All patients underwent at least 1 echocardiogram within 72 hours of the initial positive blood culture for S aureus. Echocardiograms obtained by the treating team for clinical management after the identification of SAB were included for study purposes. Echocardiograms were provided at no charge to all study patients with SAB in whom echocardiograms were not obtained by the treating team for clinical indications. All TTEs were performed by using Hewlett Packard Sonos 5500 machines (Hewlett Packard, Andover, MA) with 2- to 12-MHz phased-array transducers. Two-dimensional imaging from multiple tomographic planes and spectral Doppler and color-flow imaging were used in all patients. Images were recorded on -in super-VHS videotape and in digital full-screen cine loop display format (EnConcert, Andover, MA).
Findings consistent with IE included vegetation, abscess, new valvular regurgitation, and otherwise unexplained valvar dysfunction as defined previously.6 A vegetation (Fig 1) was defined as an irregularly shaped echogenic mass adherent to a valve or endothelial surface. Characteristics used to identify a vegetation included oscillating motion (high-frequency movement independent from associated valvar motion), mobility (exceeding and independent of the associated valve structure) and shaggy or irregular surfaces. An abscess was defined as a thickened area or mass within the myocardium or annular region, characterized by an irregular, nonhomogeneous echogenic appearance. Other unexplained valvular abnormalities consistent with IE included new valvular regurgitation at least moderate in severity or destruction or perforation of valve tissue.
Patient outcomes were established for a minimum of 6 months after the initial positive blood culture by review of the medical records. Outcomes were defined as (1) cure (completion of therapy for SAB and no evidence of recurrent staphylococcal infection within the follow-up period); (2) recurrence (completion of therapy for SAB and clinical resolution of infection with culture-confirmed recurrent SAB [within the follow-up period]); and (3) death during the study period.
For continuous variables, data are expressed as the mean value ± SD unless otherwise specified. Comparisons were made between continuous variables by using the Student's t test. Categorical variables are expressed as a percentage. For categorical variables, comparisons between groups were made by using the χ2 test. The Fisher's exact test and Wilcoxon rank sum were applied to nonnormally distributed data. All statistical tests were 2-tailed, and results were considered to be significant at P values < .05.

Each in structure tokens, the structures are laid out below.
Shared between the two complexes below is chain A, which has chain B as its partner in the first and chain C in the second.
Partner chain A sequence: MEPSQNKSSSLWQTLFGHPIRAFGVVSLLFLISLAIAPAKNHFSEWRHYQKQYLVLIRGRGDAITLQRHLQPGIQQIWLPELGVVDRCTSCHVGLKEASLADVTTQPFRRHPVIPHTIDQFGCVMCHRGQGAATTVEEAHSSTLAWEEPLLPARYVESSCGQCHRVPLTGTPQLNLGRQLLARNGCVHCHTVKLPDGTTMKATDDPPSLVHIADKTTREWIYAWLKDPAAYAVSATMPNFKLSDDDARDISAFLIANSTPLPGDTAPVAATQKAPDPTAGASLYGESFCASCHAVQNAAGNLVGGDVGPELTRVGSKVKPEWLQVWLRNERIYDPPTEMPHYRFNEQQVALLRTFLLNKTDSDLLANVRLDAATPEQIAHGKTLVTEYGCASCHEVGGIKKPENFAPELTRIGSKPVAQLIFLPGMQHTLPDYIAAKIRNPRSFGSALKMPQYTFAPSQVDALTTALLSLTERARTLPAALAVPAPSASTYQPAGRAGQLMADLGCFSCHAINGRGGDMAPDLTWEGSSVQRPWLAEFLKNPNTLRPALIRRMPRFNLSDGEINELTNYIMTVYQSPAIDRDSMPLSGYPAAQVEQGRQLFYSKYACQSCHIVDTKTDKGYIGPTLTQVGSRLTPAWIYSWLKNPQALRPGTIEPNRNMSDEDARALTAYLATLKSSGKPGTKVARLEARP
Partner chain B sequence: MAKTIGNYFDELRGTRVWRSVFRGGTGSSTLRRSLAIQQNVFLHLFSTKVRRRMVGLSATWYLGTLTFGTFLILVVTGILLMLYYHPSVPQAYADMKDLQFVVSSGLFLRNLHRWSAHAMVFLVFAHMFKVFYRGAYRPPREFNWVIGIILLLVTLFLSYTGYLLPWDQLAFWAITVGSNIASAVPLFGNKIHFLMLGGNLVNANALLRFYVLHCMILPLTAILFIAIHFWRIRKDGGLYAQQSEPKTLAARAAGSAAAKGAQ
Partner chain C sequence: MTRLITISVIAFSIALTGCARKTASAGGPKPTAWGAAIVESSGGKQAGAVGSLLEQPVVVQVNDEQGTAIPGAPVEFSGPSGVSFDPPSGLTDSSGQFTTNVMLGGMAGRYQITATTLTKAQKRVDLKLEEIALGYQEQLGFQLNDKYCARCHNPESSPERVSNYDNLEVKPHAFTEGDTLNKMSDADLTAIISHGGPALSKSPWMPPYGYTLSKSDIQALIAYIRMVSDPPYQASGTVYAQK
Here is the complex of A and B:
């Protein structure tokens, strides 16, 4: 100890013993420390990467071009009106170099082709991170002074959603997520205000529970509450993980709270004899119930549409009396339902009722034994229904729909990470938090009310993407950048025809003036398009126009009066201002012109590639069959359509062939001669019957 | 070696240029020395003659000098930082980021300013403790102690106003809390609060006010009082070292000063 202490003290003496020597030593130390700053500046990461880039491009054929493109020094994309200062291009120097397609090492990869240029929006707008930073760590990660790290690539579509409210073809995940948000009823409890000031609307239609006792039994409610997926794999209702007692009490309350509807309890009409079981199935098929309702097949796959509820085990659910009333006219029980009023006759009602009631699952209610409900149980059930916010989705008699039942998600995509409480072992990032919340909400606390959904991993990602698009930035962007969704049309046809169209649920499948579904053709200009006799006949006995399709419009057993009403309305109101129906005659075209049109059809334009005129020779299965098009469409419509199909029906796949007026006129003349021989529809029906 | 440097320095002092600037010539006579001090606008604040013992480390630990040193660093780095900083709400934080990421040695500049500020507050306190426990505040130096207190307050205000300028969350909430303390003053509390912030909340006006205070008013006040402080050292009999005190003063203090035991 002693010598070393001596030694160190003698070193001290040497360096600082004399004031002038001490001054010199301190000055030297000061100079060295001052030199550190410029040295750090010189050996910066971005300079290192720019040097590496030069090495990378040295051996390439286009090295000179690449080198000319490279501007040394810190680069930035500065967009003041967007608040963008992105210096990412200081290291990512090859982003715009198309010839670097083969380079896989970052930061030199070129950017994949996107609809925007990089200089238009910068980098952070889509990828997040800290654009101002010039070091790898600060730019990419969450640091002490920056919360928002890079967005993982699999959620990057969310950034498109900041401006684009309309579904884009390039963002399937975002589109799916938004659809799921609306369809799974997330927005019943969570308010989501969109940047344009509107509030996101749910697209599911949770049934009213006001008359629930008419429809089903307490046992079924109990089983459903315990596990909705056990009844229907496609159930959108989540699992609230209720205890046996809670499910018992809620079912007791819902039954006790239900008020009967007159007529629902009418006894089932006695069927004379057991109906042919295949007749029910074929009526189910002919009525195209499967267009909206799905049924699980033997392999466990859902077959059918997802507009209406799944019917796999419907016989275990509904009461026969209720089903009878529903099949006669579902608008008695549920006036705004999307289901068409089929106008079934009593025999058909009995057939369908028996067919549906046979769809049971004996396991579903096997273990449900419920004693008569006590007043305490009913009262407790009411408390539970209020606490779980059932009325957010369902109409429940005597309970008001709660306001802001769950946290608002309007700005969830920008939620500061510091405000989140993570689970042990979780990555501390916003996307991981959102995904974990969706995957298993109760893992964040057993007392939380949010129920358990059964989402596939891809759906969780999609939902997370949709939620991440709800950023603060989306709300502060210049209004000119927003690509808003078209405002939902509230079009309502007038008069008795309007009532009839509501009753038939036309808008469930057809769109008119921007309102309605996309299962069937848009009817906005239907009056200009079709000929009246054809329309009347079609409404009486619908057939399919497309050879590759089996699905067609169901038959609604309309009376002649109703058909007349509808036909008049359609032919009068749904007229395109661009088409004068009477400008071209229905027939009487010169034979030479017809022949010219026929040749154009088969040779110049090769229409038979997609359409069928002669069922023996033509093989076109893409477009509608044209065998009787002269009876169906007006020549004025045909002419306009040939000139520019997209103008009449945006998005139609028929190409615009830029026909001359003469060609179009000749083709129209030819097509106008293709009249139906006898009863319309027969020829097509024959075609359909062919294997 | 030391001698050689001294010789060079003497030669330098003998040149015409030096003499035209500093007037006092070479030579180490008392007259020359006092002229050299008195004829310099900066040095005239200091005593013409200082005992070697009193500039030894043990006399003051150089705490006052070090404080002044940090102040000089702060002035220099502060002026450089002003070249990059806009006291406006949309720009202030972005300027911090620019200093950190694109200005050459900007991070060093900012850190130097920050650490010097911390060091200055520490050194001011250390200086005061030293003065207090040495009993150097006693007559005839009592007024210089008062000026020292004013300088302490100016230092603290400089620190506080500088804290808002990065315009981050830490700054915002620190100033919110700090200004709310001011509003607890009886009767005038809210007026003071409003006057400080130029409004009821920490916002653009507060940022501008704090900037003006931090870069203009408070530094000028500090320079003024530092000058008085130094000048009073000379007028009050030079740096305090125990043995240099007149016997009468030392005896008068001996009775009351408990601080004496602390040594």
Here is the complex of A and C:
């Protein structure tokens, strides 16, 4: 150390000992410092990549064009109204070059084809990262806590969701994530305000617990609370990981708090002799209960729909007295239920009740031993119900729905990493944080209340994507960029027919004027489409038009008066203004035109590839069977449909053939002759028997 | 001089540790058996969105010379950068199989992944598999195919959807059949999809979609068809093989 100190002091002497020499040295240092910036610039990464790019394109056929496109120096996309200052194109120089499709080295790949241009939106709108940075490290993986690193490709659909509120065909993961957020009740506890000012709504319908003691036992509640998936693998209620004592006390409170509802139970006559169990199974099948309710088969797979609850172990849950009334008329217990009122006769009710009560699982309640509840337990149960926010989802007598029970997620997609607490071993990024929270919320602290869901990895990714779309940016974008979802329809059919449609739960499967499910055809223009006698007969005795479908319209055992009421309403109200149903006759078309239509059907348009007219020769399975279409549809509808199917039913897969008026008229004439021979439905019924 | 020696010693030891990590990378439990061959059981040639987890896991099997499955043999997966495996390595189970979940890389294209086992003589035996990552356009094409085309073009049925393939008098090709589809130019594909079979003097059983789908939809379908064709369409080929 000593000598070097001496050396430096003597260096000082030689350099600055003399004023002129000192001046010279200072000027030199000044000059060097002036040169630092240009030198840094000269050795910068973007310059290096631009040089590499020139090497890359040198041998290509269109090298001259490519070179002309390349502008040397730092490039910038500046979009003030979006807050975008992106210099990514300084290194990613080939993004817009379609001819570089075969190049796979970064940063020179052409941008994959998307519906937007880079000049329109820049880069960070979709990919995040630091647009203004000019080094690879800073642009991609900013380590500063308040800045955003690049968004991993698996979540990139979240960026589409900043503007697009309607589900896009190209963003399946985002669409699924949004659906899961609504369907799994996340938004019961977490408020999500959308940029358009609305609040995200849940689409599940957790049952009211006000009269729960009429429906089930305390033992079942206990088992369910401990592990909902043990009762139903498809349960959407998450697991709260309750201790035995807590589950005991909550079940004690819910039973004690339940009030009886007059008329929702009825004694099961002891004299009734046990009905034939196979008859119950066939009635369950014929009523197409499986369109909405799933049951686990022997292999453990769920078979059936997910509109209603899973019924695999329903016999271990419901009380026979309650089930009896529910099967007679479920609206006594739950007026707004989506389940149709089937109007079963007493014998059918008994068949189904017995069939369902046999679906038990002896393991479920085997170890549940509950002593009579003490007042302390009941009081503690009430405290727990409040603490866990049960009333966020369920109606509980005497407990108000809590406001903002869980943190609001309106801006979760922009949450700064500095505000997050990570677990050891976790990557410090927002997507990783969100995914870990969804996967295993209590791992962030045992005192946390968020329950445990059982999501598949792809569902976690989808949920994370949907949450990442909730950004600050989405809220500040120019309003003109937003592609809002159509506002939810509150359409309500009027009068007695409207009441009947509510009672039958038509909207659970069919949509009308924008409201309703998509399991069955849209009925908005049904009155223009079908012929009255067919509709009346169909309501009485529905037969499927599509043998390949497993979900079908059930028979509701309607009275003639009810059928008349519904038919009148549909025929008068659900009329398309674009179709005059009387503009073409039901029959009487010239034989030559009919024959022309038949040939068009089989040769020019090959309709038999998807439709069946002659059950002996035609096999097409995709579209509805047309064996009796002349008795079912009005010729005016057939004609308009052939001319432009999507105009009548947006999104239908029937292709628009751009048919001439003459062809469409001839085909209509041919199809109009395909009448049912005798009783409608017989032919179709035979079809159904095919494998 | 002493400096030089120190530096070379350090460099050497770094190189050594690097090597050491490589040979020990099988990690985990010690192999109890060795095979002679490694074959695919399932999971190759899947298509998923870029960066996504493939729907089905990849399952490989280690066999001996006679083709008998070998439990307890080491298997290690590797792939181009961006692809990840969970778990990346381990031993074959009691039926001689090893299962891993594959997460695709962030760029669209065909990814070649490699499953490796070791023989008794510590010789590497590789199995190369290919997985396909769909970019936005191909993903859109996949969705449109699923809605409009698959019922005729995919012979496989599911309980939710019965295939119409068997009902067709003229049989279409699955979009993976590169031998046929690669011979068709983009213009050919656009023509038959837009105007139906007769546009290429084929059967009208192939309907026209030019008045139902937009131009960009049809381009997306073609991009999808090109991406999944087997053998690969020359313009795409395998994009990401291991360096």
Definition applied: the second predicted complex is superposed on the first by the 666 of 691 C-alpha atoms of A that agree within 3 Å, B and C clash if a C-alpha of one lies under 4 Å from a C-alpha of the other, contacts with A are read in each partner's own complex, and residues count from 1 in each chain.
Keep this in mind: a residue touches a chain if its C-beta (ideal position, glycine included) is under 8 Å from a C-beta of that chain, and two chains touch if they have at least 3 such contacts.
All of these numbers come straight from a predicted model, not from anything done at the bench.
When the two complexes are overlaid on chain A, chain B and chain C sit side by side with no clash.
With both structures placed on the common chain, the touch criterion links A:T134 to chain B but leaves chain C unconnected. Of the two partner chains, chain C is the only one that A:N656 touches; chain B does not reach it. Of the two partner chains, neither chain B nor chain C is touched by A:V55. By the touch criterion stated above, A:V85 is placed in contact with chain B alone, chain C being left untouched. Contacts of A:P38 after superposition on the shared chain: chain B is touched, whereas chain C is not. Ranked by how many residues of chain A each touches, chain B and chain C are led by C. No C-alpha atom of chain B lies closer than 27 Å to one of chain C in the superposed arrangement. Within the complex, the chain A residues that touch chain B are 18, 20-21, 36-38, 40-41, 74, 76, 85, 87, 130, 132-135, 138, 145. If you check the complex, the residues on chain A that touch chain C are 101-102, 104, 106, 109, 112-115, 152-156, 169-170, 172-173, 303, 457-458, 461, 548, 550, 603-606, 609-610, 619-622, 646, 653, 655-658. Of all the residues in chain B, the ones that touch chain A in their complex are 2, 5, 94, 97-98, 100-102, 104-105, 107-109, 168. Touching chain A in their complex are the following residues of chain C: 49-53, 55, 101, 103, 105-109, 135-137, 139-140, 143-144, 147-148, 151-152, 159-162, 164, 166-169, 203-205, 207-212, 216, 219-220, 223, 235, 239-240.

Clinical Characteristics of All Patients With SAB
Sixty-six children with SAB were identified in a 3-year period. Fifty one (77%) were enrolled for additional analysis after informed consent was obtained from their parent or guardian and assent was obtained, as appropriate, from the child. The clinical characteristics of these children are listed in Table 3. The gender distribution was nearly equal, and the median age of children enrolled was 16 weeks (1 week to 16 years old). Of the 51 children, 17 (34%) had congenital heart disease, including 6 with patent ductus arteriosus. Prematurity occurred in 31% of patients, and 20% had comorbid conditions.
The majority of children (73%) had an intravascular catheter in place at the time of bacteremia. Other presumed sources of SAB included postoperative mediastinitis (3 patients), urinary tract infection (1 patient), and inadvertent parenteral administration of breast milk contaminated with S aureus (1 patient). The organism was methicillin resistant in 15 patients (31%) and hospital acquired in 13 patients (87%). The most common metastatic disease was osteomyelitis, which occurred in 5 patients. Other sites of infection included pericarditis, upper extremity thrombus, and necrotizing enterocolitis.
Of the 51 patients enrolled, 50 had at least 1 follow-up blood culture; 25 patients (49%) had at least 1 positive follow-up blood culture. All 6 patients with definite IE had subsequent blood cultures positive for S aureus, an average of 4 positive cultures drawn 2 to 4 days after initiation of antibiotic therapy. Of the 4 patients that were classified as possibly having endocarditis, 2 of 4 had subsequent positive blood cultures.